• prostatic carcinoma;
  • tamoxifen;
  • testolactone;
  • estrogens;
  • androgens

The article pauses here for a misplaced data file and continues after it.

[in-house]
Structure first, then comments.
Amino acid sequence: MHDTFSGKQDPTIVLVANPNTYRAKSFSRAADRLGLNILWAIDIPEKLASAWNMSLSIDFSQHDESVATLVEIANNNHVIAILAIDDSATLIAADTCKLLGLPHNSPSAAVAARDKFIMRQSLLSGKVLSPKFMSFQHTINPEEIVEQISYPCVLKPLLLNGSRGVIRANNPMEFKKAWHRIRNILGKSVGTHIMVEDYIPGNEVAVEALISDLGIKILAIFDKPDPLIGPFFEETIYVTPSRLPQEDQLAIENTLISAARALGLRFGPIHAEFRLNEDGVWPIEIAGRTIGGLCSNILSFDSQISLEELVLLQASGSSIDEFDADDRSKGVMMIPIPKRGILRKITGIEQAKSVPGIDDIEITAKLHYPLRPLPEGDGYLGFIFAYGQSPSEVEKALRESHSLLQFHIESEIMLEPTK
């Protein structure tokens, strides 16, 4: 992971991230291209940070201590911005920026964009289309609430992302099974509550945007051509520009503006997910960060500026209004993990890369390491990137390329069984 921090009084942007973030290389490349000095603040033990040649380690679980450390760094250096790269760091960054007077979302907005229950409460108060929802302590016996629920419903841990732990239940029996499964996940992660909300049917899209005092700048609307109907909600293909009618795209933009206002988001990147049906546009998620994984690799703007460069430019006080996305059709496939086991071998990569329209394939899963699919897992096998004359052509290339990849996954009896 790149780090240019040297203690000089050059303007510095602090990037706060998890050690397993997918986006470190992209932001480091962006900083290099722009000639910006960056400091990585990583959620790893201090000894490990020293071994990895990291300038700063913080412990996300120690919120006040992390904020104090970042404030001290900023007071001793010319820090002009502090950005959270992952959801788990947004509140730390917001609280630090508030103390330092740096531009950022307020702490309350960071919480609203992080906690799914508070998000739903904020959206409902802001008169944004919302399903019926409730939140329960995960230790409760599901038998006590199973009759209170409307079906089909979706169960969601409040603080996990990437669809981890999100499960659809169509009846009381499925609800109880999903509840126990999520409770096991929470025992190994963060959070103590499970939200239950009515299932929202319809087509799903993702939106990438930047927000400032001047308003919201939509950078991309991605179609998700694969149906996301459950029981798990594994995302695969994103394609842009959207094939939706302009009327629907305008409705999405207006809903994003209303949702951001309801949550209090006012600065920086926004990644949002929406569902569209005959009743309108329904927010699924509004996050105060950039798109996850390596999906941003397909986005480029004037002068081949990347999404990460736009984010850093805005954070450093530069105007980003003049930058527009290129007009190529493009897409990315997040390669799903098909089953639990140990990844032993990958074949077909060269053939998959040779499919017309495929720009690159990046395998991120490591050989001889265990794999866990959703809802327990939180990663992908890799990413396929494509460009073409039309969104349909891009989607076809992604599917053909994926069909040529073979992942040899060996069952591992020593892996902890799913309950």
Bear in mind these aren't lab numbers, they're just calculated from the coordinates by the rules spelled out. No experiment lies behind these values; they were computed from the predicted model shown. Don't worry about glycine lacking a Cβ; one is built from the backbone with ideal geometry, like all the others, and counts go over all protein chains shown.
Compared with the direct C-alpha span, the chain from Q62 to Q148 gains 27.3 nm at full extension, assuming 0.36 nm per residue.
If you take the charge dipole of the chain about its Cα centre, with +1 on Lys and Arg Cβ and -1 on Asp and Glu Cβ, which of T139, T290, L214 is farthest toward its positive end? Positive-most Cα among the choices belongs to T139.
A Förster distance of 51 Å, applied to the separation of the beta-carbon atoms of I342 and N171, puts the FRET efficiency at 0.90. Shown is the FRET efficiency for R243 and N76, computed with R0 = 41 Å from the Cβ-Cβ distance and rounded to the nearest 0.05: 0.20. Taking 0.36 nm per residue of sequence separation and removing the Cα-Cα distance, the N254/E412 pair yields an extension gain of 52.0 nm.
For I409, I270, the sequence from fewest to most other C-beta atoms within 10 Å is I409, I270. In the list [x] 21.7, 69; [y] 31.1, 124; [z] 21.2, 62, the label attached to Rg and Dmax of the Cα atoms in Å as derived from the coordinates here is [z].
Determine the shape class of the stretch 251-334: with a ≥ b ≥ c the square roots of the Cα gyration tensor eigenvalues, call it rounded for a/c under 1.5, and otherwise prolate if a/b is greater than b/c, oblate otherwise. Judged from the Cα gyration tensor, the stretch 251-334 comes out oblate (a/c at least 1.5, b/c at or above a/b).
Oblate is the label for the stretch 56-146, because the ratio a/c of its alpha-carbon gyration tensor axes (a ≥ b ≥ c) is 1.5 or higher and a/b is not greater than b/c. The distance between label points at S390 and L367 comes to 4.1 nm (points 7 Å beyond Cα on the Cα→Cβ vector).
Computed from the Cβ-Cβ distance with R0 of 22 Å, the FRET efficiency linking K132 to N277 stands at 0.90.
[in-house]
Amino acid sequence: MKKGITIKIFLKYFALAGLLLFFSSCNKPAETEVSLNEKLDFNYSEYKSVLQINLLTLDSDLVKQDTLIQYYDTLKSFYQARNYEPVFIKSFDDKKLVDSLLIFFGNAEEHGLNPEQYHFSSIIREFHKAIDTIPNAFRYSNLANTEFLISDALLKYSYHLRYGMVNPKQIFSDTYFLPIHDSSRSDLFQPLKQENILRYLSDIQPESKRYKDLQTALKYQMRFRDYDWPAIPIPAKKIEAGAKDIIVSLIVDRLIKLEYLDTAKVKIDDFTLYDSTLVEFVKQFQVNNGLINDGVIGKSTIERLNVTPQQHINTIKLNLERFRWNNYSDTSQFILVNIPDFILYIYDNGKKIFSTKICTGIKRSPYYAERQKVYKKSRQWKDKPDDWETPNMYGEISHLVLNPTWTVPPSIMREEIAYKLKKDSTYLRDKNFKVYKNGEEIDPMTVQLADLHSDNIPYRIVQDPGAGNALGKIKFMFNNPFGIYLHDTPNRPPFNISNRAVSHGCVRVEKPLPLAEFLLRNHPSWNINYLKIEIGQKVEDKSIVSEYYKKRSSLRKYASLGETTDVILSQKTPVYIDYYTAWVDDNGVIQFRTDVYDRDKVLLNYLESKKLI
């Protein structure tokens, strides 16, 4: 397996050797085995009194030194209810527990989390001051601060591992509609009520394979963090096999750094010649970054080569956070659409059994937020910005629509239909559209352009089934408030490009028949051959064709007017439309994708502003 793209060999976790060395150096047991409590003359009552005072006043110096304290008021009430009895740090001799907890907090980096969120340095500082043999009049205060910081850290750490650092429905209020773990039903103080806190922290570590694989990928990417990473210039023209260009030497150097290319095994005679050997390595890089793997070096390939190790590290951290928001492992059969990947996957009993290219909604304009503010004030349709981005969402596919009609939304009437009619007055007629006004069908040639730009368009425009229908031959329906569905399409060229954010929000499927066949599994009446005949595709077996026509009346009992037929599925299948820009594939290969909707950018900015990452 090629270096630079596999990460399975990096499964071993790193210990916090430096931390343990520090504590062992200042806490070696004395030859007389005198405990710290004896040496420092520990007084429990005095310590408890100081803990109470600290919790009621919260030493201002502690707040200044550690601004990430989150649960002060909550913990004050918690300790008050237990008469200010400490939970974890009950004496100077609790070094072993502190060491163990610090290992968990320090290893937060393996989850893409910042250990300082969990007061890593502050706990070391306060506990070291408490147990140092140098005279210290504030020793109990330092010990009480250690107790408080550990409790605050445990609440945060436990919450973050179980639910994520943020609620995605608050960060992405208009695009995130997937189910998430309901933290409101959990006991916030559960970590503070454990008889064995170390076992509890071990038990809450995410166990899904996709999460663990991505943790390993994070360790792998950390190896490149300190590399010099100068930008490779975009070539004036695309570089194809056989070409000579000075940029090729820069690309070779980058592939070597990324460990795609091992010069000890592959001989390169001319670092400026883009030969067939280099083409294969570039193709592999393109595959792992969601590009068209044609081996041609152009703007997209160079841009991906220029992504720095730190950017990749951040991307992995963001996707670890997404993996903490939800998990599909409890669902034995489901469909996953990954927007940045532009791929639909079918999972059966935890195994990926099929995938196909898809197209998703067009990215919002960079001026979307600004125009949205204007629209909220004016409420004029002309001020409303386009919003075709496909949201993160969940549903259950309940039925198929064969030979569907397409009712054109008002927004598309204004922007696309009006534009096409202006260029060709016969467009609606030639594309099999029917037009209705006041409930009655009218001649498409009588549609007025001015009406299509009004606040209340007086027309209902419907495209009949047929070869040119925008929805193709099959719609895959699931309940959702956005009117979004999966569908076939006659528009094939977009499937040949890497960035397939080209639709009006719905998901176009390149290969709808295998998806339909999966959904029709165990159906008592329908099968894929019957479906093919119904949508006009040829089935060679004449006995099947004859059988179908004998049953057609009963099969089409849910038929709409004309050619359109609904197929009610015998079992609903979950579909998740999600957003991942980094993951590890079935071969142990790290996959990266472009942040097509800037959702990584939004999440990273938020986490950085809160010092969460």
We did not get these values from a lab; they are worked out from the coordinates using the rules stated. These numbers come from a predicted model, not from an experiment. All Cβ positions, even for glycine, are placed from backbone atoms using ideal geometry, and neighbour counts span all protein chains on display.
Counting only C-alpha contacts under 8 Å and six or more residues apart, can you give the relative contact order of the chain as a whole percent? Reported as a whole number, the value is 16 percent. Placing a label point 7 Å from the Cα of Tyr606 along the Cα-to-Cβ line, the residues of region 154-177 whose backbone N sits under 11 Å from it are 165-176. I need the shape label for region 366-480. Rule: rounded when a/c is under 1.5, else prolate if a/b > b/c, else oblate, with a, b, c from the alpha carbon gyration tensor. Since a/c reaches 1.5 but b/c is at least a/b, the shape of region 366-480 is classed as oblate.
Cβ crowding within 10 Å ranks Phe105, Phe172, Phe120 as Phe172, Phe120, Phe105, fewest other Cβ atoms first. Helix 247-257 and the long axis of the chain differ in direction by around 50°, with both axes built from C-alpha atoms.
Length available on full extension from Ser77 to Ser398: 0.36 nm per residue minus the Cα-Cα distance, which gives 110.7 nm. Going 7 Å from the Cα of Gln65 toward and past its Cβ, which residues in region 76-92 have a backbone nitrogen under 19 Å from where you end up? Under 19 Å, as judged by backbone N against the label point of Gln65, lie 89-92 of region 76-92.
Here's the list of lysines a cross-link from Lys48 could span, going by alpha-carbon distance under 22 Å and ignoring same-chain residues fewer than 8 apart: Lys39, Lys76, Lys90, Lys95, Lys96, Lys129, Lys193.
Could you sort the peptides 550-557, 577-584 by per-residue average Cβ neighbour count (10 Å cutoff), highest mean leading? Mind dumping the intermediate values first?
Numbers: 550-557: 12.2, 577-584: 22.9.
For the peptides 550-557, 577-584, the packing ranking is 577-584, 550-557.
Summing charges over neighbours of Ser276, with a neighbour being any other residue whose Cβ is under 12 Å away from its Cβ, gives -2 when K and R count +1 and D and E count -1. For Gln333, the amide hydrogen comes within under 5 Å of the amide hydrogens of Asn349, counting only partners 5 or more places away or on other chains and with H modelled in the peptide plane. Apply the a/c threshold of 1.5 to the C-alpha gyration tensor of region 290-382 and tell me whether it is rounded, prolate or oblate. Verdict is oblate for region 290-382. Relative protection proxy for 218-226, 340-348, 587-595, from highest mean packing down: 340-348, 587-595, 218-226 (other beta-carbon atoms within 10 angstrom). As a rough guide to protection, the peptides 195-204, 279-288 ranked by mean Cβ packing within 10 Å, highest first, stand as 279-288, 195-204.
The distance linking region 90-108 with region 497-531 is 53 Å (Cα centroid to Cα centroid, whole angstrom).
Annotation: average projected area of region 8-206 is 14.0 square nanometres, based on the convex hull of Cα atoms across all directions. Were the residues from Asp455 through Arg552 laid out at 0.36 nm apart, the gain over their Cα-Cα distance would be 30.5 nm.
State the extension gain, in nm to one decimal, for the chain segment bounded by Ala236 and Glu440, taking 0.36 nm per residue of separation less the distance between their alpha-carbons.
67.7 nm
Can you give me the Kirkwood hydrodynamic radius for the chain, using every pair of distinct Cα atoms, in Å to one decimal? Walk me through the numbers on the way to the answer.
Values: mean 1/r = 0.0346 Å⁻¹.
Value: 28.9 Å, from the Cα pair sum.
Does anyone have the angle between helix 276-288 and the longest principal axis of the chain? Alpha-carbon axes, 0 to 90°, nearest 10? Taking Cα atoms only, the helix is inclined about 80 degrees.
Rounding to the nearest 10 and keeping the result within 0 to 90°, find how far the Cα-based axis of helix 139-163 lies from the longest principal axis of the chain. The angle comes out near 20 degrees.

The short-term (6-day) endocrine effects of tamoxifen and testolactone were investigated in men with prostatic carcinoma. Tamoxifen treatment (20 mg/day) did not affect the gonado-tropin levels, but it temporarily increased prolactin, induced sex hormone-binding globulin production, and suppressed peripheral serum progesterone, 17-hydroxyprogesterone, an-drostenedione, testosterone, and 5α-dihydrotestosterone concentrations. These changes were attributed to the estrogenic properties of tamoxifen, since no changes in peripheral serum estradiol concentrations were observed. Testolactone (1000 mg/day) decreased peripheral estradiol concentrations by 50% and increased the concentrations of the neutral steroids measured. The increases in serum FSH and LH were very small. This study corroborates the early estrogen-like action of tamoxifen, and the experiment with testolactone further suggests that endogenous estradiol has physiological functions in man, regulating gonadotropin and androgen production.